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Blogs about itunes

Compilations in iTunes.


My iPod's Albums menu was cluttered up with albums with only one or two songs. The Artists menu was cluttered up with slightly different name variations, such as "Julie Andrews" and "Julie Andrew and Rex Harrison". The answer to this mess is Compilations, or the "part of a compilation" setting in iTunes.

Read more about it here; scroll down just a bit to "this week's Ask iLounge column".

I'm already pretty compulsive about getting album art onto all of my songs. Compilations add a whole new way in which to be obsessive compulsive about fixing my iTunes.

iTunes and Album Art Learnings.


It used to be that all you needed to do to get iTunes to pull down the Album Art for your newly ripped CDs was to set the Album Artist on your songs to match the iTunes store's Artist. Not anymore, as I discovered when I ripped a couple of new discs.

To get the Album Art directly from iTunes, you must match both the Artist track Name (Title), and Album on a single local track song to the Album Artist and Album title from the iTunes store. This isn't too difficult to do manually. Once I've ripped all the tracks, each with it's proper track name and artist, I just change the first track. I then ask iTunes to get the album art, and change the first track back to the correct Artist and Name. iTunes then applies that Album Art to all the tracks in that album.

This works well enough most of the time, but the logic behind it isn't quite right.

For instance, on the Monty Python's Spamalot — Original Broadway Cast Recording, the first track is the orchestra tuning up. The name of the track is "Tuning", and the artist is "Orchestra". This is the correct information, from the CD insert itself. But to grab the Album Art, I needed to change that track's Artist to "Monty Python", and the Album to "Spamalot (Original Broadway Cast)". Clearly, since Monty Python is merely a fictional titular construct, he cannot perform an entire Broadway musical. And of course each track has a different artist; a variety of artists perform each song.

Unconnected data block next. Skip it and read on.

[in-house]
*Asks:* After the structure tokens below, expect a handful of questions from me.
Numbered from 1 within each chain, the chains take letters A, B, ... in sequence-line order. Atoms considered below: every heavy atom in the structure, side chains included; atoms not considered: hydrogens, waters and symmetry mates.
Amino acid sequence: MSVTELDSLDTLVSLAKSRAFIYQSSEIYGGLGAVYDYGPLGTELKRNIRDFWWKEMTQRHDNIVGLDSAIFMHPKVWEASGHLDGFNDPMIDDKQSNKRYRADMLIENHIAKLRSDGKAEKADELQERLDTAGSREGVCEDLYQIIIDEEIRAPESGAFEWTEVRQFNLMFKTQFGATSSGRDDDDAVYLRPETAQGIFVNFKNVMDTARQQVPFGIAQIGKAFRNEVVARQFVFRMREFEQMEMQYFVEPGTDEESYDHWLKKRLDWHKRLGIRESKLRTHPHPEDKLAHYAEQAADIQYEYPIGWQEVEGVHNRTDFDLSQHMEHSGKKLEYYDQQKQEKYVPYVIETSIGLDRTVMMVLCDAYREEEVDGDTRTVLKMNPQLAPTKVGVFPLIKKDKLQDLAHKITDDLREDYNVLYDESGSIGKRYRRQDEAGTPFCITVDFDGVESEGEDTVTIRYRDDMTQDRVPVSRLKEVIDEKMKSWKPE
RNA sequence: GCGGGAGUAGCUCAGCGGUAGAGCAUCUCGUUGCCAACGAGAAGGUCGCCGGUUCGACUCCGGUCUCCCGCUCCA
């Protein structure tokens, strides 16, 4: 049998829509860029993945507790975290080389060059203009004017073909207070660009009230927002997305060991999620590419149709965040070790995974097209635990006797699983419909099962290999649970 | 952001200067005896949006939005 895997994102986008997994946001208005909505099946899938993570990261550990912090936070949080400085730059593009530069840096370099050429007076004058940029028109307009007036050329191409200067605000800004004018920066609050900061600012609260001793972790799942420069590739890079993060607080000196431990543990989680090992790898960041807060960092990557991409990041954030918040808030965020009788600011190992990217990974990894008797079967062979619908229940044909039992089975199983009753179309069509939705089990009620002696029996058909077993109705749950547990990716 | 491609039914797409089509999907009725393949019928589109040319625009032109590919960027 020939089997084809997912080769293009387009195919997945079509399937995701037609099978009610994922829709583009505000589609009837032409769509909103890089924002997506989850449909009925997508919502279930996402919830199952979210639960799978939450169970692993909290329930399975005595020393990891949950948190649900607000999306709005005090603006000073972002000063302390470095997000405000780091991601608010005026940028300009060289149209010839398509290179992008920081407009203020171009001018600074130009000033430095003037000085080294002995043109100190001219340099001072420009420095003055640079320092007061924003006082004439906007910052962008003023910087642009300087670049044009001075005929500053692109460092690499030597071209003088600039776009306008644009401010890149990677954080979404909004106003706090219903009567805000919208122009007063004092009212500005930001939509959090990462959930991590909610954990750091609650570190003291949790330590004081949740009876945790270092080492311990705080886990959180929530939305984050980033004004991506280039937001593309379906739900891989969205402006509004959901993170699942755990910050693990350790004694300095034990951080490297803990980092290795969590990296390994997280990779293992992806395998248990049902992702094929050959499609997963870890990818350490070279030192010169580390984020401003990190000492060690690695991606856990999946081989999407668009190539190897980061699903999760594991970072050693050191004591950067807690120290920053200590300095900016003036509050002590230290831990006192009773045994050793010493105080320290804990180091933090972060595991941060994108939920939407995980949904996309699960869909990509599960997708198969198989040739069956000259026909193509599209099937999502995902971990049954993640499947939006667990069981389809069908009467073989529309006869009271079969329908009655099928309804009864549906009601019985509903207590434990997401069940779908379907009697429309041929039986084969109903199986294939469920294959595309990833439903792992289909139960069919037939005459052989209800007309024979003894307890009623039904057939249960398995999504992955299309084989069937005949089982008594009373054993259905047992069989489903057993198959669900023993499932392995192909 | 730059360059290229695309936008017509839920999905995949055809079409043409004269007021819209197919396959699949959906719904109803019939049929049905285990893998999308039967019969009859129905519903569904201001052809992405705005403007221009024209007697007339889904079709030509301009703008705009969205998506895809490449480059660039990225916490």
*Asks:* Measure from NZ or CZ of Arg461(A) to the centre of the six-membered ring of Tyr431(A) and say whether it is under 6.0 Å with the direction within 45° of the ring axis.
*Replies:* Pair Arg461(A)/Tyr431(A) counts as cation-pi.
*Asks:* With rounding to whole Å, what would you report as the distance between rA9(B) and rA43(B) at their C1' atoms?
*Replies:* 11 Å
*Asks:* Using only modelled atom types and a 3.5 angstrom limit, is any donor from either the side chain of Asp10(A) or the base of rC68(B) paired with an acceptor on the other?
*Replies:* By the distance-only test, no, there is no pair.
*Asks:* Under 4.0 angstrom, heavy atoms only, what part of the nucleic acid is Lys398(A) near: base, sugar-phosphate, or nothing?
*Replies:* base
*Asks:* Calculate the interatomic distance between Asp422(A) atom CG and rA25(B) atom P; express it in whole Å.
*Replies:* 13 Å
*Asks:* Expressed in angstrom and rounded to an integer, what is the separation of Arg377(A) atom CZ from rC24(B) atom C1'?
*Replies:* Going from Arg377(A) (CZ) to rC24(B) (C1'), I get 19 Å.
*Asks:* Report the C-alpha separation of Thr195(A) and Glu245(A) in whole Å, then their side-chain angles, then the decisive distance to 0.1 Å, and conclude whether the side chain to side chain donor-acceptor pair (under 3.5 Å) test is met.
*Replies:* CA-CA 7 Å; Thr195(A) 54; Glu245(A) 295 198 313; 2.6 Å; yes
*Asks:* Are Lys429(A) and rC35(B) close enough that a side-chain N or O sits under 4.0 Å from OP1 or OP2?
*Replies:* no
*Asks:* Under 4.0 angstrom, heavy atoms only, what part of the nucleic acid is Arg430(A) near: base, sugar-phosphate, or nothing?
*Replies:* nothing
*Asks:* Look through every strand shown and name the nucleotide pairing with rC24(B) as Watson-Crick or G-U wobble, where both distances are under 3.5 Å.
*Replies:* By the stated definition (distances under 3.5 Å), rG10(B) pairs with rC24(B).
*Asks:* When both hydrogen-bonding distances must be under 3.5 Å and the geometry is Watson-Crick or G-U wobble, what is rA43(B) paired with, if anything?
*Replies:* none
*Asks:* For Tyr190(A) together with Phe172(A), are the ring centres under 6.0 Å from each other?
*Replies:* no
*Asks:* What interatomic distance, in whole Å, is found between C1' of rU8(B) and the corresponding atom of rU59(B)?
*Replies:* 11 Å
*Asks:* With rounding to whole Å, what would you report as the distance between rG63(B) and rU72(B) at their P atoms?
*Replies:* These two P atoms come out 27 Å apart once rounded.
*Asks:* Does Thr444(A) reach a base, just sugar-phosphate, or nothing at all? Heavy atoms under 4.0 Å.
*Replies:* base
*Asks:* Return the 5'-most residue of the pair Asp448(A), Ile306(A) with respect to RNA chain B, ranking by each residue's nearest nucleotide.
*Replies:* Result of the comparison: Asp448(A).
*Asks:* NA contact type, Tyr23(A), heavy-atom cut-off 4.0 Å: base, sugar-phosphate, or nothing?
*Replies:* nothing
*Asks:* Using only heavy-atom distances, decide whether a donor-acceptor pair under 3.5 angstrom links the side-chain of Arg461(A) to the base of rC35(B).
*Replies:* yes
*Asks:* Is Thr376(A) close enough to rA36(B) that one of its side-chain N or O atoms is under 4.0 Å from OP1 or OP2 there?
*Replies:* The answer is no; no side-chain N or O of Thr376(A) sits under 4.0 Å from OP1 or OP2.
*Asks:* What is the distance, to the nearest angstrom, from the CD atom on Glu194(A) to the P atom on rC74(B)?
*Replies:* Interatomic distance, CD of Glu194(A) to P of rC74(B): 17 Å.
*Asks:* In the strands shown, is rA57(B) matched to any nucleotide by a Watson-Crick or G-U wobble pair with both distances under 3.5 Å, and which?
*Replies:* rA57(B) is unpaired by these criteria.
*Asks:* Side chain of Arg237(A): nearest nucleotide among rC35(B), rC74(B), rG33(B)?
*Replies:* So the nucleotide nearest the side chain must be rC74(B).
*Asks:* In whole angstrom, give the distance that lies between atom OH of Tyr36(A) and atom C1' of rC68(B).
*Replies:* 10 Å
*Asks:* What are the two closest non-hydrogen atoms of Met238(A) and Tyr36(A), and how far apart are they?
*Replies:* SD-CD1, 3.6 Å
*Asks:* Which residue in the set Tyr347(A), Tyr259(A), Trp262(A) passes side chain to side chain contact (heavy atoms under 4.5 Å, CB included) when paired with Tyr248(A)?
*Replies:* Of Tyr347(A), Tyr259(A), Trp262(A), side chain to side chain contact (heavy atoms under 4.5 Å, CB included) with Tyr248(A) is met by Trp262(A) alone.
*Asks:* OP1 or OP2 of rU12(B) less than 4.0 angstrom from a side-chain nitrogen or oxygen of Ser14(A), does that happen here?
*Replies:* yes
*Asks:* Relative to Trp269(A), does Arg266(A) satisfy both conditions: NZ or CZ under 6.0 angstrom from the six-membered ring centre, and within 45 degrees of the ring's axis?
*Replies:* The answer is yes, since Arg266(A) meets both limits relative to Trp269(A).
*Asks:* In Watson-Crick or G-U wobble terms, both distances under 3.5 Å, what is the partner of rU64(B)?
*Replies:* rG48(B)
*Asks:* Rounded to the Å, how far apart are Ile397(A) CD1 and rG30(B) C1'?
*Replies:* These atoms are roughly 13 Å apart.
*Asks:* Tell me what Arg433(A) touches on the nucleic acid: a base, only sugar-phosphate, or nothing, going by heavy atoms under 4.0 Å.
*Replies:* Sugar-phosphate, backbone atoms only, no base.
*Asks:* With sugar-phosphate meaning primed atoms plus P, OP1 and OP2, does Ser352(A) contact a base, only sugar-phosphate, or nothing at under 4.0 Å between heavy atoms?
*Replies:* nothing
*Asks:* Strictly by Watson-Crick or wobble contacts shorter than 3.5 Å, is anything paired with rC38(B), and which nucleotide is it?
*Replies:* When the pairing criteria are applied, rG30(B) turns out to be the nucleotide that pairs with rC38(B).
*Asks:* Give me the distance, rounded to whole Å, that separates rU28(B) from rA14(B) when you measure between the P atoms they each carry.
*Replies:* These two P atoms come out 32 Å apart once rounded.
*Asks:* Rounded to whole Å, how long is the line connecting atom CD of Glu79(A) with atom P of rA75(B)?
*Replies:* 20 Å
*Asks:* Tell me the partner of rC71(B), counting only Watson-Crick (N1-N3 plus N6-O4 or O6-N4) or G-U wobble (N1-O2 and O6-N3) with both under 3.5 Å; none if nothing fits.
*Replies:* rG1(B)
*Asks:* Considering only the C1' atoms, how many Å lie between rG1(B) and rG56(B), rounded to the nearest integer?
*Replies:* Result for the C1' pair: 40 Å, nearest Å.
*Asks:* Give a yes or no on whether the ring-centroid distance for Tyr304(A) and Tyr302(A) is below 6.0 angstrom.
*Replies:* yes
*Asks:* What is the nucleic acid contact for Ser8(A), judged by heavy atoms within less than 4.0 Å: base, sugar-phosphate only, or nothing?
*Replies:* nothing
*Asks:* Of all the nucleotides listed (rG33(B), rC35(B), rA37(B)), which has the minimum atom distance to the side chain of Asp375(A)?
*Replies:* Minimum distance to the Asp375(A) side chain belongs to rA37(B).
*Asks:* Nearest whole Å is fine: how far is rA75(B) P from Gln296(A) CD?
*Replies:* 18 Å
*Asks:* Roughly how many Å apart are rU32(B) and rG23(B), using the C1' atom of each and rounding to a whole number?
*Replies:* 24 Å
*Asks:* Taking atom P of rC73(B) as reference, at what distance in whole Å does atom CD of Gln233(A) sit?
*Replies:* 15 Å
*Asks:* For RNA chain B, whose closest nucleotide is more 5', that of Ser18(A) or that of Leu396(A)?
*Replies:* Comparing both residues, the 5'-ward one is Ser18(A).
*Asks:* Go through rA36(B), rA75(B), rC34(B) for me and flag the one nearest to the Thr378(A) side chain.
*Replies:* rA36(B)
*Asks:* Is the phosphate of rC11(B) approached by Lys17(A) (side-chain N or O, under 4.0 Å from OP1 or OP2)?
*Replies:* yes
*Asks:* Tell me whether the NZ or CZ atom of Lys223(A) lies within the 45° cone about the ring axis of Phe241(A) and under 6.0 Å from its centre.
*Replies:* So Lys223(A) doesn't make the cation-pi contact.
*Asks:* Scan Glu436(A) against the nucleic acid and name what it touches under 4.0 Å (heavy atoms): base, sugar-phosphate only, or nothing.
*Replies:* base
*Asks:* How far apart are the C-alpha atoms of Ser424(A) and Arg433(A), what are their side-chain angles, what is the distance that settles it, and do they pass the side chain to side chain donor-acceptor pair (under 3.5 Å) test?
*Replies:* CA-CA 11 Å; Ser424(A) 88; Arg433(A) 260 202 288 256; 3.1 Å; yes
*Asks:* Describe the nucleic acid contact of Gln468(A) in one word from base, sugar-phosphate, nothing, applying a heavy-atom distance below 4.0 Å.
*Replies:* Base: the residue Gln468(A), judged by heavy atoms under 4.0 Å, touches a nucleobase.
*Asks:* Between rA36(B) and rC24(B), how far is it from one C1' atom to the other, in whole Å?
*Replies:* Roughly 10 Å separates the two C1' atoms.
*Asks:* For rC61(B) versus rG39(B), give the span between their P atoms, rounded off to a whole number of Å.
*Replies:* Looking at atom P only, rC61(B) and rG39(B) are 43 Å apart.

This behavior is even more incorrect for the variety of trance and techno compilations I have. The iTunes store knows that, on Bond Beat & Bass — The Elektronika James Bond Themes, track 1 is called "Intro", by "O.T. Zehn". But iTunes won't download the Album Art until I change the track's Artist to "Various Artists".

Screw You Fat Cats.


There's a song I wanted, just one single track. I would have bought it from iTunes ($.99), but you can only get the single track by buying the whole album ($9.99). Every other song on the album is available separately, just not the one track that I want. Bastards! (I'm pertty sure the recording label is the bastards, not Apple.) But I showed them. I found a single with the track I want, and 2 remixes, for only $5 at Everyday Music, as a used import. Ha! You get nothing, corporate fat cats!

More on Album Art.


One of the links in the previous entry on album art has been shut down for now. Doh! But the Flex Version still works, and you can determine album names from there.

Fortunately, Discogs tends to have high resolution cover art for a variety of albums. I recommend that you get them while the getting's good.

iTunes Album Art.


I got an iPod Nano (black like a ninja) for my birthday - just a few days early. Thank you, hubby! With it comes iTunes 7, and the fabulous new CoverWorks / album art features. So now I'm obsessed with finding cover art for all my esoterica. Here are some links to help you similarly afflicted audiophiles / obsessive compulsives find nice high-res art, unlike that on